3. Complete & print the “LLC Articles of Organization” form*.  This form is relatively easy to fill out on your own, all relevant instructions are included.
  4. Either mail in your “LLC Articles of Organization” form with the proper funds ($160) or file them online here for an extra ($10).
  5. If you had previously filed an assumed name (DBA) with the same name as your new LLC, you’ll want to negate that with this form ($free).

Can it really be that simple?  No, not exactly.  While filing the necessary paperwork to register an LLC is pretty simple, maintaining the protection that an LLC can give you involves a bit more-and additional steps should be taken for two or more member(s).  Limited Liability Companies exist in large part to limit the personal liability of the owners. But merely filing out the forms and getting a piece of paper from the Secretary of State does not ensure that you actually are limiting your personal liability.  Just because you have an airplane ticket doesn’t mean you have arrived at your destination; you still have to show up on time, make it through security, find the right plane and not get kicked off the plane for inappropriate behavior.   Maintaining your protection may require some additional reading or a consultation with an attorney to make sure your paperwork and filing fees were not a waste of time and money.

So, here are a few things that you need to do to maintain an LLC.  This is by no means everything, but its a start.

  • Keep your personal and business money in separate accounts:  Intermingling funds is one way that business owners can lose their liability shield.   Use your business accounts only for real business expenses and pay yourself a salary.  Talk to an accountant if you’re not sure what kinds of things can be expensed.
  • Sign documents as a company officer:  A quick way to lose your liability shield is to not even use it.  You don’t want to sign anything in your own name if your LLC is supposed to be the one bound by contract.   Something like  “BIZCO, LLC by its CEO, John Doe” would be preferable to just “John Doe.”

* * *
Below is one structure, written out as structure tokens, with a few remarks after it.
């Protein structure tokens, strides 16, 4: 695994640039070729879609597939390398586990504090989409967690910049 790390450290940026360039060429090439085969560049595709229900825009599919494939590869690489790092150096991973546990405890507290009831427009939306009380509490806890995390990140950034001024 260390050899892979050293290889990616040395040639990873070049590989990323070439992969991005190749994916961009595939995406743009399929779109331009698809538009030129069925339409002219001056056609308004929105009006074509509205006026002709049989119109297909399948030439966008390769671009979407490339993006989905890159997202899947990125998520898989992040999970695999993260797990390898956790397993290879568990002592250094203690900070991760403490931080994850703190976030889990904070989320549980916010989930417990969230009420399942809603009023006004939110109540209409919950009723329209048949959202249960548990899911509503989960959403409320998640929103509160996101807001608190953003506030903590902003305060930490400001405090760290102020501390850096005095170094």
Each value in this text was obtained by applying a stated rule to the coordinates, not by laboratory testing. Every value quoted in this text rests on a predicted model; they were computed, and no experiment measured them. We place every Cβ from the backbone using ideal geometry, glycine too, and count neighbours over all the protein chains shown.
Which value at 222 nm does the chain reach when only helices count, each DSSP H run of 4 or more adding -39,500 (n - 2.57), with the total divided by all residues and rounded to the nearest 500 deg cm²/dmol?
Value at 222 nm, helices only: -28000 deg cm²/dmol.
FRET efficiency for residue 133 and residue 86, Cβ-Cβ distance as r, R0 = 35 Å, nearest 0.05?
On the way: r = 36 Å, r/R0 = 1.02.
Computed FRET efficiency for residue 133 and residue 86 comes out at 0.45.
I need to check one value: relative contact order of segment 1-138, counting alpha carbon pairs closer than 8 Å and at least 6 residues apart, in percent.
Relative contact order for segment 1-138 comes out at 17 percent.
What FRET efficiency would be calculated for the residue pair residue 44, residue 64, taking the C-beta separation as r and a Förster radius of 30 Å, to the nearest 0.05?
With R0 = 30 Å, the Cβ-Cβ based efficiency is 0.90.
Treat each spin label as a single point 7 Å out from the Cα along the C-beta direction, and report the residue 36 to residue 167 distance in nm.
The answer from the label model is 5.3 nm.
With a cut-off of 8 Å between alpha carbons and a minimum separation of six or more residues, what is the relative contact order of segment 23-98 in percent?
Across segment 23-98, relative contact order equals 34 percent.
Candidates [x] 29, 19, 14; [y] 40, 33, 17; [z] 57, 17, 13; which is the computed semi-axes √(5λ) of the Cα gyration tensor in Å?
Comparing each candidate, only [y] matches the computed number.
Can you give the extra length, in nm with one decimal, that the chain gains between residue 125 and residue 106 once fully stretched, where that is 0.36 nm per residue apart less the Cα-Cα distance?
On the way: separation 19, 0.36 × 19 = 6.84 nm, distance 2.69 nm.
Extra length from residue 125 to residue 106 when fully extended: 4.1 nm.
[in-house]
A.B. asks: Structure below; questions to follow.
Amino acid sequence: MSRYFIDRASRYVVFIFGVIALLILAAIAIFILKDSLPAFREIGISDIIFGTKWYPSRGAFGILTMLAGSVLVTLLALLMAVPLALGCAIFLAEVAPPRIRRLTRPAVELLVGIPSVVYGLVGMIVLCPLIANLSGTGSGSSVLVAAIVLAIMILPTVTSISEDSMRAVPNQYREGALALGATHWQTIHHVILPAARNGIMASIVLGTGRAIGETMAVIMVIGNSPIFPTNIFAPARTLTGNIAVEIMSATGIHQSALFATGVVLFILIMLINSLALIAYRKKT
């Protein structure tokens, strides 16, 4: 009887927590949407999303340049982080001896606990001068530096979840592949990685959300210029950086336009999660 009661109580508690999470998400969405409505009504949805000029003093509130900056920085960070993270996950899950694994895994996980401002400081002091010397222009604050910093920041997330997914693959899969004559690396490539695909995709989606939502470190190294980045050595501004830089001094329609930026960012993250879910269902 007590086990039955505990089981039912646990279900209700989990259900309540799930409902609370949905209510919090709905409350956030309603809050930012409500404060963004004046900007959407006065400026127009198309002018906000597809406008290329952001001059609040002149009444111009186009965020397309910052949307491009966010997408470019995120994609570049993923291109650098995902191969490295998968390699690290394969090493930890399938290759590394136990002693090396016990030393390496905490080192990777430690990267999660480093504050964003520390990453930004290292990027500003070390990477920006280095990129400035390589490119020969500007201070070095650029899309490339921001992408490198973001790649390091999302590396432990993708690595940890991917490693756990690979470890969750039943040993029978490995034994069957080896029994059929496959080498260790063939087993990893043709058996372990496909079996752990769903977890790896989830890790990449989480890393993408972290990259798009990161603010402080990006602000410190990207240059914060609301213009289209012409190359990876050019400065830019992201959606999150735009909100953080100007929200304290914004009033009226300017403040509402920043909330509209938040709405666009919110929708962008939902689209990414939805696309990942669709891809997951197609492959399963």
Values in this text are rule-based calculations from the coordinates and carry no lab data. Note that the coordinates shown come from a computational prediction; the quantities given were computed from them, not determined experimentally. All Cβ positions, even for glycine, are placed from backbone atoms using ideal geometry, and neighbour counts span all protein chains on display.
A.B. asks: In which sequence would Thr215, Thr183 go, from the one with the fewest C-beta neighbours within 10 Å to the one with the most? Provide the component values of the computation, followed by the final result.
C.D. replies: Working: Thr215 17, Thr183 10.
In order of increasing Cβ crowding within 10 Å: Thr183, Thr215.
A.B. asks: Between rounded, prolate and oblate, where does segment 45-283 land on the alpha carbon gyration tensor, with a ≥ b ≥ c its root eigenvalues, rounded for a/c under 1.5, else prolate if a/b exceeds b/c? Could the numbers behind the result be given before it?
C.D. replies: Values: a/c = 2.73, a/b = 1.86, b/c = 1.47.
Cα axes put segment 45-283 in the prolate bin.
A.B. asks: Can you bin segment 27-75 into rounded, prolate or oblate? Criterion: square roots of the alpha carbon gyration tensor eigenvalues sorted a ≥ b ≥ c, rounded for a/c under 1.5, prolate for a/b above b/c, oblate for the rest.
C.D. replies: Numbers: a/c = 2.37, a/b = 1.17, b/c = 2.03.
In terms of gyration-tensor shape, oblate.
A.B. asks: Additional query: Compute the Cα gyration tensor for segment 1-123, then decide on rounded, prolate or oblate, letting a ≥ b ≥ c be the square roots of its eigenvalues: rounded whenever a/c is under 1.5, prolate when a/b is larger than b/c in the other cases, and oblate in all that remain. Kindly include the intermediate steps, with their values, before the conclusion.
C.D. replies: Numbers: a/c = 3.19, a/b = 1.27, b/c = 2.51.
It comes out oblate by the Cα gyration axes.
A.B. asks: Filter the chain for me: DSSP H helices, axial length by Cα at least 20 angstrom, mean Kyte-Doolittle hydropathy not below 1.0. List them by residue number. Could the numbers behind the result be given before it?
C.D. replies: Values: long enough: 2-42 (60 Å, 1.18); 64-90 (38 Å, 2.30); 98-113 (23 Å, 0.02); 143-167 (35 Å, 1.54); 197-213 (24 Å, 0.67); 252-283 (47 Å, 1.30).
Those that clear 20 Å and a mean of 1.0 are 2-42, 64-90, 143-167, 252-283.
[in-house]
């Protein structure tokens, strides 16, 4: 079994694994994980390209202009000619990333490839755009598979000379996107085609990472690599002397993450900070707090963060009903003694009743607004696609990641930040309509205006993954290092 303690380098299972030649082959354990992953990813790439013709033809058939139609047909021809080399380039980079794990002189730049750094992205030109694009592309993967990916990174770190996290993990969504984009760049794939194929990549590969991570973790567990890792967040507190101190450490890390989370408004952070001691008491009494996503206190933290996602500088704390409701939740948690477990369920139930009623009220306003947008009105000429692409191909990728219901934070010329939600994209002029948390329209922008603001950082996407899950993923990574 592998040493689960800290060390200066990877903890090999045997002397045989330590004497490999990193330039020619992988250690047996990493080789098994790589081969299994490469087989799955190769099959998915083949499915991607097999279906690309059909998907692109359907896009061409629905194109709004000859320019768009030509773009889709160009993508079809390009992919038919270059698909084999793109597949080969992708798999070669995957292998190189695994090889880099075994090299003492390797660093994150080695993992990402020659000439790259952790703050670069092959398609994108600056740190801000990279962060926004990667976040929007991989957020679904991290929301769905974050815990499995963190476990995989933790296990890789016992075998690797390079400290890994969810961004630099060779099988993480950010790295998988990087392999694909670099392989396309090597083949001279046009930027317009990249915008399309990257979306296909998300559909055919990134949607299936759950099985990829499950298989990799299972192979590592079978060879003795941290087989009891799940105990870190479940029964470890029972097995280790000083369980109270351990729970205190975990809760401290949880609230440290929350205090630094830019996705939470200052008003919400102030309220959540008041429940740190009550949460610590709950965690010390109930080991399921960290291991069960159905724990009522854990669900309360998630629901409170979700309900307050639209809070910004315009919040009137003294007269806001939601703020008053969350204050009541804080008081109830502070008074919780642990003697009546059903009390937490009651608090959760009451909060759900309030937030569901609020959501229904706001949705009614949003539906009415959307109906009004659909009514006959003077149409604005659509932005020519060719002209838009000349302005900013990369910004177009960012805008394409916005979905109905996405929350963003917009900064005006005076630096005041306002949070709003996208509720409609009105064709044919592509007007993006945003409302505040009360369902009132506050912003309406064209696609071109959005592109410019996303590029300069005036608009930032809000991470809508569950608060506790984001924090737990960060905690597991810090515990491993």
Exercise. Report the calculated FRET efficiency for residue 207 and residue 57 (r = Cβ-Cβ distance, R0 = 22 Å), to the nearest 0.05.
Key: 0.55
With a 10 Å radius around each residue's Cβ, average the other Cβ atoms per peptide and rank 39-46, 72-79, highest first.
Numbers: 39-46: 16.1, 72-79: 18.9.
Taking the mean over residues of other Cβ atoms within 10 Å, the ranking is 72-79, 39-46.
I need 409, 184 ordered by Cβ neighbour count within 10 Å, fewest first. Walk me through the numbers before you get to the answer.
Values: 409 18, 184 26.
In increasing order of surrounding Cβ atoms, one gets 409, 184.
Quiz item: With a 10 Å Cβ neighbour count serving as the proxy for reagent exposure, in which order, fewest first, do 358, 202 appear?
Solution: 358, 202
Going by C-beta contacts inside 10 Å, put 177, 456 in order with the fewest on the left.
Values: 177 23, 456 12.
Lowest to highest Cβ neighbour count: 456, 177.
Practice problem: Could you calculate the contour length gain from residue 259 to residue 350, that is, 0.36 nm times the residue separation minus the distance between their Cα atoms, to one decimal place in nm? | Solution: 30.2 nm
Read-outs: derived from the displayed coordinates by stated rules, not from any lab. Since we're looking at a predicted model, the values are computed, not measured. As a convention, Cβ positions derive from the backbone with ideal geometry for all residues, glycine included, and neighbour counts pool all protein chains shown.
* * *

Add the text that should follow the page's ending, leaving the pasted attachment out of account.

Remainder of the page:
• Keep Adequate Funds on Hand:  Startups often don’t have much money which is OK so long as you aren’t exposing your company for large contract or tort liability.  If you don’t have reasonable funds to cover your obligations, a court might determine that you are on the hook as well.
  • Maintain Your Business Records:  Holding meetings may not be necessary if you are the only owner of a company, but you still need to maintain some kind of business records and complete your annual filings with the Secretary of State.  If you don’t respect your LLC, why should anyone else?

These are just a few of the more common things that can cost LLC business owners dearly.  If you are on a tight budget, doing some filing work yourself may make sense, even if you have an attorney.  But please take the time to find out what you are doing and why you are doing it.

The above does not constitute legal advice.  If you are unsure about how LLCs work or whether creating one is the right move, both the author and TECHdotMN strongly recommend consulting an attorney.